The second phase, which is noninfectious is characterized by highly metabolically active reticulate body (RB). Apparently, RBs result from converting EBs to larger elements with 1–2 µm lengths. RBs undergo further developmental divisions that eventually converts RBs back to EBs and finally exiting the host cell. The cycle may be complete within the first two days, or more, depending on the species.1

How C. trachomatis avoid elimination by the immune system

Upon infection, the human body tries to eliminate the C. trachomatis by using defense mechanisms that involve both the innate and the adaptive immunity systems.1 However, the bacteria fights back to avoid elimination by the host’s antimicrobial factors.1 The bacteria adopts varied mechanisms, including the modification of host proteins, counteracting host cell apoptosis, proteolysis, and evading immune recognition.1

The significance of the transcriptional regulator FarR in N. gonorrhoeae

The human body has mechanisms of fighting bacterial infections, including the infections resulting from Neisseria gonorrhoeae bacteria.5 Therefore, many bacteria species possess survival mechanisms that enable them to endure antibacterial fatty acids emitted by the human body in fighting infections.5

FarR, for instance, is a crucial survival mechanism for Neisseria gonorrhoeae. Once infected by Neisseria gonorrhoeae, the human body produces antibacterial fatty acids. The antibacterial fatty acids produced by the human body make the survival of bacteria in the human body difficult. Neisseria gonorrhoeae, therefore, possesses FarAB operon, which facilitates the encryption of an efflux pump that helps in the fight against defense mechanisms from the host.5 The FarAB productions in Neisseria gonorrhoeae have to be regulated in manners that are pertinent to the production of antibacterial fatty acids by the human body. The FarR, therefore, plays a significant role in the regulation of FarAB. As such, Neisseria gonorrhoeae resistance to antibacterial fatty acids and the subsequent survival in the host depend on the regulation of FarB by FarR.5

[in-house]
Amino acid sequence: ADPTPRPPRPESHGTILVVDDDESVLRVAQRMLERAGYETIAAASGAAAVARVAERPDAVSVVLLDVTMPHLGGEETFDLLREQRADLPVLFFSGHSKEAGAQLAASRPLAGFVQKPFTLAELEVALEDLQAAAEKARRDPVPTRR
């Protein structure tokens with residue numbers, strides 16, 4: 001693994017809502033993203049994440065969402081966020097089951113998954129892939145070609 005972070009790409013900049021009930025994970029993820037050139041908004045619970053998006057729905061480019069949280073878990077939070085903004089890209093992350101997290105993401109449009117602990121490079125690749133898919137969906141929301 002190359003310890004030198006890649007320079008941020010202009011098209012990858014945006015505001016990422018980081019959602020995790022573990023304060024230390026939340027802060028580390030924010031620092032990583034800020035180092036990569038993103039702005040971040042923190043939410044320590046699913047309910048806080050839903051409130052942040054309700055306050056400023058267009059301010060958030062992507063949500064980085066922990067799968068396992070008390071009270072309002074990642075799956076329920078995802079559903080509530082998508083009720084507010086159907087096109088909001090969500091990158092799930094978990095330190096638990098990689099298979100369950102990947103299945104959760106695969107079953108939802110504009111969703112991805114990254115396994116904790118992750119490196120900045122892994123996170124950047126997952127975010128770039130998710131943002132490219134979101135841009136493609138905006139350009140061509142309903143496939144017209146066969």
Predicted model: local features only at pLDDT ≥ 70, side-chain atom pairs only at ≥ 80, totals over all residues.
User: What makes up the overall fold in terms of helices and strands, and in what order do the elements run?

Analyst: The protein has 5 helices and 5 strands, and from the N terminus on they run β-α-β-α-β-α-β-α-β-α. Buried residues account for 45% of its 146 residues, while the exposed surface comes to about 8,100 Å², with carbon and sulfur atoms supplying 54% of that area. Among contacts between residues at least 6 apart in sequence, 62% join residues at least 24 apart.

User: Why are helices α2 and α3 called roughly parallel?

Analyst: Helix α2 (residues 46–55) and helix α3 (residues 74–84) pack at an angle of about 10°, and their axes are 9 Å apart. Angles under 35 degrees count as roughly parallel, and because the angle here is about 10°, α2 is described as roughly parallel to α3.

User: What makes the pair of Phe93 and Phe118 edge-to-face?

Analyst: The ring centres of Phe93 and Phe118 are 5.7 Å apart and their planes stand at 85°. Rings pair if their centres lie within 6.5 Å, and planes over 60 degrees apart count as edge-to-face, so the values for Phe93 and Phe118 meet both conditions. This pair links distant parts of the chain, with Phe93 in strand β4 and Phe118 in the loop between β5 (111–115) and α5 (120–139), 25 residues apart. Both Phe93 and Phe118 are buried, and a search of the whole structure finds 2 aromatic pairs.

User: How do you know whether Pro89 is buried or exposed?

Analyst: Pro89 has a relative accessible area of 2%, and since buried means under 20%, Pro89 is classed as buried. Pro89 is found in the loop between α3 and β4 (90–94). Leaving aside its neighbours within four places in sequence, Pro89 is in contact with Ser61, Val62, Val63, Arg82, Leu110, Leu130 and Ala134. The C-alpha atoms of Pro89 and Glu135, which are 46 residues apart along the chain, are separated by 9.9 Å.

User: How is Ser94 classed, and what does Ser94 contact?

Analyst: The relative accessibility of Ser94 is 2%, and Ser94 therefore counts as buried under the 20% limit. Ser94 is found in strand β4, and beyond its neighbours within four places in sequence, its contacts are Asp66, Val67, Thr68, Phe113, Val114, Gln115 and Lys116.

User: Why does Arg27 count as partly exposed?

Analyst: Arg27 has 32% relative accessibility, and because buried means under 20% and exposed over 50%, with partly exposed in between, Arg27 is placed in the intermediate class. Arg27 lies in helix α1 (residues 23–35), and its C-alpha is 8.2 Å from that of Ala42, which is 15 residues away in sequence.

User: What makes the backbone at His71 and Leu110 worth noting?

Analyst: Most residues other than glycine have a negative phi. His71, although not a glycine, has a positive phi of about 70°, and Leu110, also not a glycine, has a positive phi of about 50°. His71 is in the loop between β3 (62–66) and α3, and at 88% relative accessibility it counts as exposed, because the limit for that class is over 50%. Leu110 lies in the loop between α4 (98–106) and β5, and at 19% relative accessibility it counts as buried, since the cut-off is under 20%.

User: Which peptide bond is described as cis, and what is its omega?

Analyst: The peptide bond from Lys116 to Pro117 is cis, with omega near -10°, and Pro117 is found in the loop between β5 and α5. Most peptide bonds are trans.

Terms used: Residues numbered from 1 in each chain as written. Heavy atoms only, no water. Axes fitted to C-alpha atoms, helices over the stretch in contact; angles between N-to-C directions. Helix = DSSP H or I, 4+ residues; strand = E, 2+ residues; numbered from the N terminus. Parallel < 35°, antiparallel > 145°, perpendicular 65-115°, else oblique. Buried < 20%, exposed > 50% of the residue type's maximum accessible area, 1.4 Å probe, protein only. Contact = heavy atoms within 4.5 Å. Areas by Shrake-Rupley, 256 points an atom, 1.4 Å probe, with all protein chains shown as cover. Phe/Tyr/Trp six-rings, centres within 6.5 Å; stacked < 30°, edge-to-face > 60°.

Non-gonococcal urethritis and the causative bacteria species

The inflammation of the urethra can result from other bacteria apart from the Neisseria gonorrhoeae. Therefore, non-gonococcal urethritis (commonly referred to as NGU) is the inflammation of the urethra that is caused by bacteria other than Neisseria gonorrhoeae.6 Patients with non-gonococcal urethritis have many symptoms, including discharge, dysuria, and urethra discomforts. However, some cases of non-gonococcal urethritis have no symptoms.6

For accurate diagnoses of NGU, therefore, patients should possess excess polymorpho-nuclear leucocytes (PMNLs). However, in a case where the excess leucocytes have single nuclei, chances of a viral etiology are high. To rule out the possibilities of gonorrhoea infections, NGU symptomatic patients should be screened using microscopy of stained smears.6

Various pathogens have been linked to the cause of NGU. Different species of pathogens including Chlamydia trachomatis, Mycoplasma genitalium, Ureaplasma urealyticum, Trichomonas vaginalis, cause inflammation of the urethra.4

It is worth noting that Chlamydia trachomatis is the most common cause of NGU contributing 20-50% of all reported cases.4 The second among the most common species is Mycoplasma genitalium, which is linked to 10-30% of all NGU infections.4


STIs are considered as major health risks. Many people suffer from STIs globally. C. trachomatis and N. gonorrhoeae are some of the most common causative agents for STIs. This essay has discussed some of the key issues pertinent to the two bacteria. It is apparent that Neisseria gonorrhoeae and C. trachomatis cause a range of infections in human beings. A proper understanding of the two bacteria is paramount in efforts to treat and avoid related STIs.


Darville, T., & Hiltke, T. J. Pathogenesis of Genital Tract Disease due to Chlamydia trachomatis. The Journal of Infectious Diseases. 2011; 201(Suppl 2): S114–S125.

Edwards, J. L., & Butler, E. K. The Pathobiology of Neisseria gonorrhoeae Lower Female Genital Tract Infection. Frontiers in Microbiology. 2011; 2:102.

Galaleldeen, A., Taylor, A., Chen, D., Schuermann, J., Holloway, S., Hou, S.,… & Hart, P. Structure of the Chlamydia trachomatis Immunodominant Antigen Pgp3. The Journal of Biological Chemistry. 2013; 288(30): 22068-79.

Moi, H., Blee, K., & Horner, P. J.Management of Non-gonococcal Urethritis. BMC Infectious Diseases. 2015; 15: 294.

Schielke, S., Frosch, M., & Kurzai, O. Virulence Determinants Involved in Differential Host Niche Adaptation of Neisseria meningitidis and Neisseria gonorrhoeae. Medical Microbiology and Immunology. 2010; 199(3): 185–196.

Shim, B. S. Current Concepts in Bacterial Sexually Transmitted Diseases. Korean Journal of Urology. 2011; 52(9):589-597.